My co-founders and I created ProsperStack after working at a SaaS company and realizing how little we knew about why our customers were leaving. We wanted an easy way to collect data and prevent cancellations by incentivizing customers to stay, and realized that hooking into Stripe to automate the process would be super valuable.
The app can automatically present offers to a customer before they cancel using Stripe coupons, collect feedback from cancellations, and use your Stripe data to show meaningful churn metrics.
Thanks so much for checking it out and any feedback you might have!
I am thinking someone on Reddit posting a trick to save money on your sub.
On the roadmap are plans to target offers based on segmented customer data (lifetime value, etc.) so even if you did try to follow a trick posted on Reddit, it might not work for you!
Things I am missing
1. Documentation, how exactly does it integration with Stripe? How does it handle my weird subscription setups? etc.
2. Pricing, I know it says $79 a month in the blue banner, but if you are like me you basically look for a pricing page and all I see is "Start a free trial" I am going to close the site.
Beyond that I am fairly excited to see such a product come out, I am surprised Stripe doesn't have a setup to handle this.
2. Makes total sense, thanks so much for the advice.
We're mostly worried about the sales cycle being too long with performance-based or scaling pricing, since none of the founders are trained salespeople. I'm realizing we're probably going to have to adjust that mindset and learn how to sell.
As a customer, I don’t want to be “saved”. Treat me right in the first place and I will remain loyal. Otherwise, let’s part ways amicably without you wasting more of my time.
Like others, I'm a bit on the fence about the ethical aspects of it. Yes, there's a lot to say about giving real value, listening to customers, but it does start going down the path towards darker patterns like Amazon Prime (there's a looong way to go down that path, but still feels like a step there). I'm not trying to criticize, but just voice my personal feeling around adding friction to cancellation.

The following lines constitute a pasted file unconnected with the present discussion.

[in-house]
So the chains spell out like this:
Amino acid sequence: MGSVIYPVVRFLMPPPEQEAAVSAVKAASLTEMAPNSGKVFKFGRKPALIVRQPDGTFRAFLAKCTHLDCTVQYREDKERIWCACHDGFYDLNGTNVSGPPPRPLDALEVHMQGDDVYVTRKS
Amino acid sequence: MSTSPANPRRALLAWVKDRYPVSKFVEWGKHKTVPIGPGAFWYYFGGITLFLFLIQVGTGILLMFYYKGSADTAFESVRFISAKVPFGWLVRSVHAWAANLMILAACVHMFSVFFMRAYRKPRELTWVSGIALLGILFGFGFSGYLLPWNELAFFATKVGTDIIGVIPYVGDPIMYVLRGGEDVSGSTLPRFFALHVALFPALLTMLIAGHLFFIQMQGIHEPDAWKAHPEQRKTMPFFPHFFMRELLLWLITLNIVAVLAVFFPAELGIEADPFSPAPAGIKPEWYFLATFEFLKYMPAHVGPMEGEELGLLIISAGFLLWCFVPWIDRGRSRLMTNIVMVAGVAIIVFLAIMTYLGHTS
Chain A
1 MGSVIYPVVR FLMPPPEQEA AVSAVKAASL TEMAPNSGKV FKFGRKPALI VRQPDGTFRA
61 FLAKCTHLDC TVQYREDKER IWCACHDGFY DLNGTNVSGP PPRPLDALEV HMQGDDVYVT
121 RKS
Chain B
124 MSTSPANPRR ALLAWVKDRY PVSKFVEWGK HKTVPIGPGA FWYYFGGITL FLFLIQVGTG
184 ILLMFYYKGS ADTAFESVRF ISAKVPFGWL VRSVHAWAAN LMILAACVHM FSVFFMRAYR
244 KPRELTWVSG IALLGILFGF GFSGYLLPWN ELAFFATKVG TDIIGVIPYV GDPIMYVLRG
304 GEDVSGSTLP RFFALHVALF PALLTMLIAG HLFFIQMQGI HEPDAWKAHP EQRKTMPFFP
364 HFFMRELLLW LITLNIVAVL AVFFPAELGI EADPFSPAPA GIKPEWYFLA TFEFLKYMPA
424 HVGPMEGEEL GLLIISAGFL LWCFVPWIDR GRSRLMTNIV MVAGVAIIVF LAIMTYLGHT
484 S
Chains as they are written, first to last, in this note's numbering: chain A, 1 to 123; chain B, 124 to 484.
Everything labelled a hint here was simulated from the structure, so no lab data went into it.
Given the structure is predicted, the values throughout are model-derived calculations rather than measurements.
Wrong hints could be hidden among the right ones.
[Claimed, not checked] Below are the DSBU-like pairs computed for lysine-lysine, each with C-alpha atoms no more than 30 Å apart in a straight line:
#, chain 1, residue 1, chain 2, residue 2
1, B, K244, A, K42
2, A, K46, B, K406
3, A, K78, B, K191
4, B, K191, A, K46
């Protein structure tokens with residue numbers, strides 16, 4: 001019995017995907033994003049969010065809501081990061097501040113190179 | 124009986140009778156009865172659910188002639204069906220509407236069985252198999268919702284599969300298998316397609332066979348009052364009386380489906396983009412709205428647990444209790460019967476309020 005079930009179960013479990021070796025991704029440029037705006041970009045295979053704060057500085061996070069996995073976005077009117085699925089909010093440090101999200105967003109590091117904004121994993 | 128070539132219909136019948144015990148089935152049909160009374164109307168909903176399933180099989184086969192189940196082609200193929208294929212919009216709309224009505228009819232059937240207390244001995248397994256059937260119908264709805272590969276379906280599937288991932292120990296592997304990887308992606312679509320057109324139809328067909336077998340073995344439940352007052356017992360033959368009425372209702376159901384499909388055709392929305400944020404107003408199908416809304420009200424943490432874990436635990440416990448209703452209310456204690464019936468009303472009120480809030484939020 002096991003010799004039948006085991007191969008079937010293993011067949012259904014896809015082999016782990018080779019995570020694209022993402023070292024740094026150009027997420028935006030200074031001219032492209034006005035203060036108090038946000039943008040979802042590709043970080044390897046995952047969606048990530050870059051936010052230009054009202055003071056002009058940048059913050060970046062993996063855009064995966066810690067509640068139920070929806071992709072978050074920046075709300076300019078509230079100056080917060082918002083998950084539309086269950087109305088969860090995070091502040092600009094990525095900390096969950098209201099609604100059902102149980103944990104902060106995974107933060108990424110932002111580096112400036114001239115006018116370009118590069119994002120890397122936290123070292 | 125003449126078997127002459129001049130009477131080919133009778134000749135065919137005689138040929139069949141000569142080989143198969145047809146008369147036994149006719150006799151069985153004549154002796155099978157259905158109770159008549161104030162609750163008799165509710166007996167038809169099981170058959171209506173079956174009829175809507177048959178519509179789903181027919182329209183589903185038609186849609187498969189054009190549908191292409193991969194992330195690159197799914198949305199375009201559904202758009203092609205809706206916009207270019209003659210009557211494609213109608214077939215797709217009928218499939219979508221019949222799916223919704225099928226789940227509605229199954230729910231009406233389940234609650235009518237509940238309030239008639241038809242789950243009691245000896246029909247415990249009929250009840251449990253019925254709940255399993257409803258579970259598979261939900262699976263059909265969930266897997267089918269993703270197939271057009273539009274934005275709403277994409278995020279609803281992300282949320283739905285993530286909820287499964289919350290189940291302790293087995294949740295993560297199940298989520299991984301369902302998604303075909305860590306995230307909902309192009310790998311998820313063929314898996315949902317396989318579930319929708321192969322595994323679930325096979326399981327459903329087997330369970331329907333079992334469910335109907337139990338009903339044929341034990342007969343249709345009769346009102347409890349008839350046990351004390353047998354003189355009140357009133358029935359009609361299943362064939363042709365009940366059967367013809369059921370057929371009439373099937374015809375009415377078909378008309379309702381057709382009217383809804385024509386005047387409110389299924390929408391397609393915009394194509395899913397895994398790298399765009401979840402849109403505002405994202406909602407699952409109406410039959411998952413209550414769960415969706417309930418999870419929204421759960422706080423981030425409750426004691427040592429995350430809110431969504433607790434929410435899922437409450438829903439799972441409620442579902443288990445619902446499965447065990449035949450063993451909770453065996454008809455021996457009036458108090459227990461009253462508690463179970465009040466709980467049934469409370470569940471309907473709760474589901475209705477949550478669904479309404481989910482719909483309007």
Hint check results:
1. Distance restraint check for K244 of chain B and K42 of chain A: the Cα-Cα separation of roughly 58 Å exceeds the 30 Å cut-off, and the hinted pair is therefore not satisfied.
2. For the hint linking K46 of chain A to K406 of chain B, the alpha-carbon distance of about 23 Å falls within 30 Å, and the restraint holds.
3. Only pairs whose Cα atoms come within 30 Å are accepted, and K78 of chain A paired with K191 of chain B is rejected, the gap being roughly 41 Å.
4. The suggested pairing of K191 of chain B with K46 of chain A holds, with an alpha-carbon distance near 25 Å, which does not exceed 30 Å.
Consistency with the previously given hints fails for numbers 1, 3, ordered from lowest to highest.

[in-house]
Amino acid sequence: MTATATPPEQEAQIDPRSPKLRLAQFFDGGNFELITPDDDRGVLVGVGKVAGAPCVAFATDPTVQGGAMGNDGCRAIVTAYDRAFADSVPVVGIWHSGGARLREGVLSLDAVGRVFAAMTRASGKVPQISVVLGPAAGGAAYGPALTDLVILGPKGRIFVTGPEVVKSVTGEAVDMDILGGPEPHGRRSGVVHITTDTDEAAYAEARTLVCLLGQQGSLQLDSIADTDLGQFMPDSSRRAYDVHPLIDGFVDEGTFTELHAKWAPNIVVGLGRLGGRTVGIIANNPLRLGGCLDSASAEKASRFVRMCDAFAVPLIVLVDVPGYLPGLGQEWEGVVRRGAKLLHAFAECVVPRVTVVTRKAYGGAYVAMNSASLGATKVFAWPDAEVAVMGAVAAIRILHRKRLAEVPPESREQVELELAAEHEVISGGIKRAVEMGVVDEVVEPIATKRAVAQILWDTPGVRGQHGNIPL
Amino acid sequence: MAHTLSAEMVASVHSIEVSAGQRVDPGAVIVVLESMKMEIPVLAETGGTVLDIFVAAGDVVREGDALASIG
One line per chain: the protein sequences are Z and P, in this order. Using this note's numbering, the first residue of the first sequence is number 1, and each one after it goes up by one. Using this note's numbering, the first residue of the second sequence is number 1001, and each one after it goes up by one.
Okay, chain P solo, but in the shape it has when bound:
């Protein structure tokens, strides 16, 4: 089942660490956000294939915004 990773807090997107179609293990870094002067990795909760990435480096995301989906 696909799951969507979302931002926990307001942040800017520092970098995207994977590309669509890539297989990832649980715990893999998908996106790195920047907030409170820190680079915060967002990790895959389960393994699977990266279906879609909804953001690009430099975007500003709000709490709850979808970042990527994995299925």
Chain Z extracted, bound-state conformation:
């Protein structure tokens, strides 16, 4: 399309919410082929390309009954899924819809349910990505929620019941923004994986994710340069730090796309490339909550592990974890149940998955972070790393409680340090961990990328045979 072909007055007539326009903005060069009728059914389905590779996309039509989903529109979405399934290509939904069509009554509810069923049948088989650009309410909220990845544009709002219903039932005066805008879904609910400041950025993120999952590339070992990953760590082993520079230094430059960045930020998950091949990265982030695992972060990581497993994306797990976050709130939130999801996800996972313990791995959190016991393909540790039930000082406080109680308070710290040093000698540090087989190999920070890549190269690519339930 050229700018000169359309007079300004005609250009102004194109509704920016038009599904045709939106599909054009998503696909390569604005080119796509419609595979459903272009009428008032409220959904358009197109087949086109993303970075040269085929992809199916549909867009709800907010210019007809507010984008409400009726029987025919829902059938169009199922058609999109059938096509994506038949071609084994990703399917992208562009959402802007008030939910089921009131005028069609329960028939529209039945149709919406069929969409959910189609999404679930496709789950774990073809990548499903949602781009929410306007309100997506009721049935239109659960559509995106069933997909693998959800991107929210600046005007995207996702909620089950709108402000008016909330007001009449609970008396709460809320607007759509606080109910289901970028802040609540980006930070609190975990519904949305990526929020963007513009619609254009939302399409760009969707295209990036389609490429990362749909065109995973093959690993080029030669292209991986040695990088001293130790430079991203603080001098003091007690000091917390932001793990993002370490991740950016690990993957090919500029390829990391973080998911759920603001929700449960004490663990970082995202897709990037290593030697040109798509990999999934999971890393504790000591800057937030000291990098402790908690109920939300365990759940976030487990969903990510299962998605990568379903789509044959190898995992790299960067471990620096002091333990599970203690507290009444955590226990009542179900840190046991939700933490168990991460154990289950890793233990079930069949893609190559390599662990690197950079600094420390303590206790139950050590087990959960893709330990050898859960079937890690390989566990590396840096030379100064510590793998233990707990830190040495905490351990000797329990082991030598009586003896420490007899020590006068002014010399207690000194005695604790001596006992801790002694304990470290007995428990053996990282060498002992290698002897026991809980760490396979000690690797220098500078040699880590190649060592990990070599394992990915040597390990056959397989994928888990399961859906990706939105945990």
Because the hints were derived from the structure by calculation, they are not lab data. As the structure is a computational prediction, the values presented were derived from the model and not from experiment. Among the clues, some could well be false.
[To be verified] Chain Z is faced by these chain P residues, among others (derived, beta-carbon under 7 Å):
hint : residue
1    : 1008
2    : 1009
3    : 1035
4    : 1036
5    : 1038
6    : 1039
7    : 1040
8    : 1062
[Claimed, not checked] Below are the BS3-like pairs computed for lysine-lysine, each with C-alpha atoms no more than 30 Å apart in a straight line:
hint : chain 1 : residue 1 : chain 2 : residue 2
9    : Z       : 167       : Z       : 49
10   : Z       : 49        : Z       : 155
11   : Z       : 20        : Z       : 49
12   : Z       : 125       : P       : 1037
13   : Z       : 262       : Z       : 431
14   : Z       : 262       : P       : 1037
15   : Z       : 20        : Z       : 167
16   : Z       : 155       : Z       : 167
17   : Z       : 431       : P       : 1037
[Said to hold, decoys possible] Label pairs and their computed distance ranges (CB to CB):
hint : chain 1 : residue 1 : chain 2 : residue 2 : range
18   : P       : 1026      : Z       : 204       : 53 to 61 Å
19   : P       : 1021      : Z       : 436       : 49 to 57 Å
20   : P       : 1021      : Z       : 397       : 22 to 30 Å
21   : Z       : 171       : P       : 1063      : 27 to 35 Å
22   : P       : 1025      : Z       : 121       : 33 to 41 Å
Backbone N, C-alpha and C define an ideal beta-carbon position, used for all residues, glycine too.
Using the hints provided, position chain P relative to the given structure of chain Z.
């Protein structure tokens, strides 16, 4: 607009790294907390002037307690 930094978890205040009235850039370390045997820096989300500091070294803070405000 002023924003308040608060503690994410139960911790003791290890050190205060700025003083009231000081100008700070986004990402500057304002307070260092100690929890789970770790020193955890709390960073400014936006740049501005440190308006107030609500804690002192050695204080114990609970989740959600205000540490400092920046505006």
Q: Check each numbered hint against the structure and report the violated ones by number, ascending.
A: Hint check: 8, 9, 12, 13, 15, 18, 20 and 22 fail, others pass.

Thanks so much for the honest feedback. I definitely agree about steering away from dark patterns and adding friction to cancellation. We want the cancellation process to be super easy, and hope to try achieve a balance that actually benefits customers instead of trying to trap them into not leaving.
Have you thought about pricing based on performance?
At the low end, it could be "pays for itself": A monthly fee of max($79, mrr_preserved_that_month). When the fee cancels out the preserved mrr, the customer still gets data features of the product for free. Thinking mostly of the indiehacker crowd here.
At the high end, I suppose you could flex up to something like a percentage of mrr recovered with a cap.
(Always find subscription pricing economics interesting, especially to learn how others do it.)
I know that virtually no startup gets pricing correct right out of the gate, so I'm sure we'll be tweaking it!